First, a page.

The whole "Class 10" and umpteen MB/s alleged transfers are pure specmanship.
(specmanship, n.: The art of using misrepresentation and half-truths for purposes of marketing.)
Yes, you CAN, theoretically, see 10MB/s of writes - if they are sequential, and the card is new and unused, using a FS designed specifically to be good at sequential operations and nothing else (e.g. FAT). In practice, however, even that is unlikely after he card has been churned a bit. And yes, you will get 1000+ of random-read IOPS.
However, even on the festest Class 10 SD cards from the best manufacturers (SanDisk, Lexar, Kingston), you will get maybe up to as much as 20 random-write IOPS (hint: an ancient 5400rpm can do about 100 IOPS, read or write, so a SD card is about 5x slower on writes).
The slow writes will make the general percieved performance of using an SD card quite painful. It's workable - if you optimize your ext* fs for the card, and you LD_PRELOAD libeatmydata.so (eats fsyncs), and you put all the write-heavy stuff that doesn't need to be persisted across reboots on tmpfs (/tmp, /var/tmp, /var/cache/yum, /var/lib/yum, possibly even /var/log and a few other things, e.g. $HOME/.mozilla/firefox/.../cache). Coupled with zram and zcache, that makes for a reasonably usable system (although 256MB of RAM is going to be somewhat crippling for serious use of a R-Pi - small RAM and slow disk are not a good combination).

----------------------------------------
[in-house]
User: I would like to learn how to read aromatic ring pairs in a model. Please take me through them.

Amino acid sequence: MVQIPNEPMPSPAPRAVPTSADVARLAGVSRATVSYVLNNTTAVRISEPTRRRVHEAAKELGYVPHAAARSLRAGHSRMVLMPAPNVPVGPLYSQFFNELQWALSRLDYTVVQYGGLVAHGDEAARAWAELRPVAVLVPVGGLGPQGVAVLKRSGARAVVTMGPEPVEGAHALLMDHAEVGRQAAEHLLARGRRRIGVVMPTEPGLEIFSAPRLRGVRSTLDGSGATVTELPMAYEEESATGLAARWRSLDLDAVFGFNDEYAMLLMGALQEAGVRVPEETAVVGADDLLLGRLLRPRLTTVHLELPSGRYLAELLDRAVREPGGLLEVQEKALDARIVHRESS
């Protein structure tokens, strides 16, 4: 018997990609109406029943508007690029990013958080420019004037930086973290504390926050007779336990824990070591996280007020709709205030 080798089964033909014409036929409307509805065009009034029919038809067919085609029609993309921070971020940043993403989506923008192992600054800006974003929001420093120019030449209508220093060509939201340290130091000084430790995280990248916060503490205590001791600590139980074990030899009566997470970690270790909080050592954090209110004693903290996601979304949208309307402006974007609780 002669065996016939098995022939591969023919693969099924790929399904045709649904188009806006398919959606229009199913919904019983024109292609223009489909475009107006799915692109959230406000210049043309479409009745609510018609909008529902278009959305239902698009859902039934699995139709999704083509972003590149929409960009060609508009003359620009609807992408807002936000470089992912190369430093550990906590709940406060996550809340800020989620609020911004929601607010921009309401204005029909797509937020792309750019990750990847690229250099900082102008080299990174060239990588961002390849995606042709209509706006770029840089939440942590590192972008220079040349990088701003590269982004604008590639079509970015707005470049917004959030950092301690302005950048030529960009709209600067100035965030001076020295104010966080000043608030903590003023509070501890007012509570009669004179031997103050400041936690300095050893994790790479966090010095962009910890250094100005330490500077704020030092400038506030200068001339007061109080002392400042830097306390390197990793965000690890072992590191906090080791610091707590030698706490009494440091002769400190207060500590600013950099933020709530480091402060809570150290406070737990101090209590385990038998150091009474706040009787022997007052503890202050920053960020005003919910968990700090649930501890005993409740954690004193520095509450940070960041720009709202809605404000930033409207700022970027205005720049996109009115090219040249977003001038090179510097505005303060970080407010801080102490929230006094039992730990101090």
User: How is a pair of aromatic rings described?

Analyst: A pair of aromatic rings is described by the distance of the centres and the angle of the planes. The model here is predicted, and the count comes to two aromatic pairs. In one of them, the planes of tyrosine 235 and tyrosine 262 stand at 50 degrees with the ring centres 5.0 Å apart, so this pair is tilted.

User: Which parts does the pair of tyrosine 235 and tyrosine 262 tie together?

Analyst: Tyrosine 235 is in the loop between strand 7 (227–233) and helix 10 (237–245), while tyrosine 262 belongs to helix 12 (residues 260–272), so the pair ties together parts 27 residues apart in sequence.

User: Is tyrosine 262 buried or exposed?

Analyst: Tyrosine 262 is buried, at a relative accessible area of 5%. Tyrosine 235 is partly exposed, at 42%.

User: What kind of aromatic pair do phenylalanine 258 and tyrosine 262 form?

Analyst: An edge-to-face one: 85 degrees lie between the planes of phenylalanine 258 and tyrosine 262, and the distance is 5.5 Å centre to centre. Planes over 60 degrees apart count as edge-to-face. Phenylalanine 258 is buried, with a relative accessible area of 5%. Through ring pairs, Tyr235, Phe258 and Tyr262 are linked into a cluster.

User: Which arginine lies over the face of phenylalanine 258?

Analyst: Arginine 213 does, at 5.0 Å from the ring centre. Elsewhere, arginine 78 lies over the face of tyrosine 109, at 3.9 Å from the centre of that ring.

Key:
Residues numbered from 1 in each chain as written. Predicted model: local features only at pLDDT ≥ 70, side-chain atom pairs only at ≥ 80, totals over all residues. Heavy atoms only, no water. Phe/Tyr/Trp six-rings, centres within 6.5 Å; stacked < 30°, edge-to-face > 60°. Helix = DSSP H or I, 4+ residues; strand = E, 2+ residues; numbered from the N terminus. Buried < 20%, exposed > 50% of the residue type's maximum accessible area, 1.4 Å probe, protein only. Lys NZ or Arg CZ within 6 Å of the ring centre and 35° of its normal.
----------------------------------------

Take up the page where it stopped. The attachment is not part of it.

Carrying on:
I use SD cards for primary disk storage on my SheevaPlugs, AC100s, DreamPlugs and Genesi Efika and the performance is quite acceptable - but all of those have 512MB of RAM. This is one of the reason I am moving over to newer Dream/Sheeva/Guru Plugs - eSATA + SSD combo makes for a system that feels as responsive as a full fat x86 desktop. Granted, by disabling tmpfs backing for the scratch space you will hammer your flash more, but it's the price you pay for having a big more breathing room out of tiny RAM.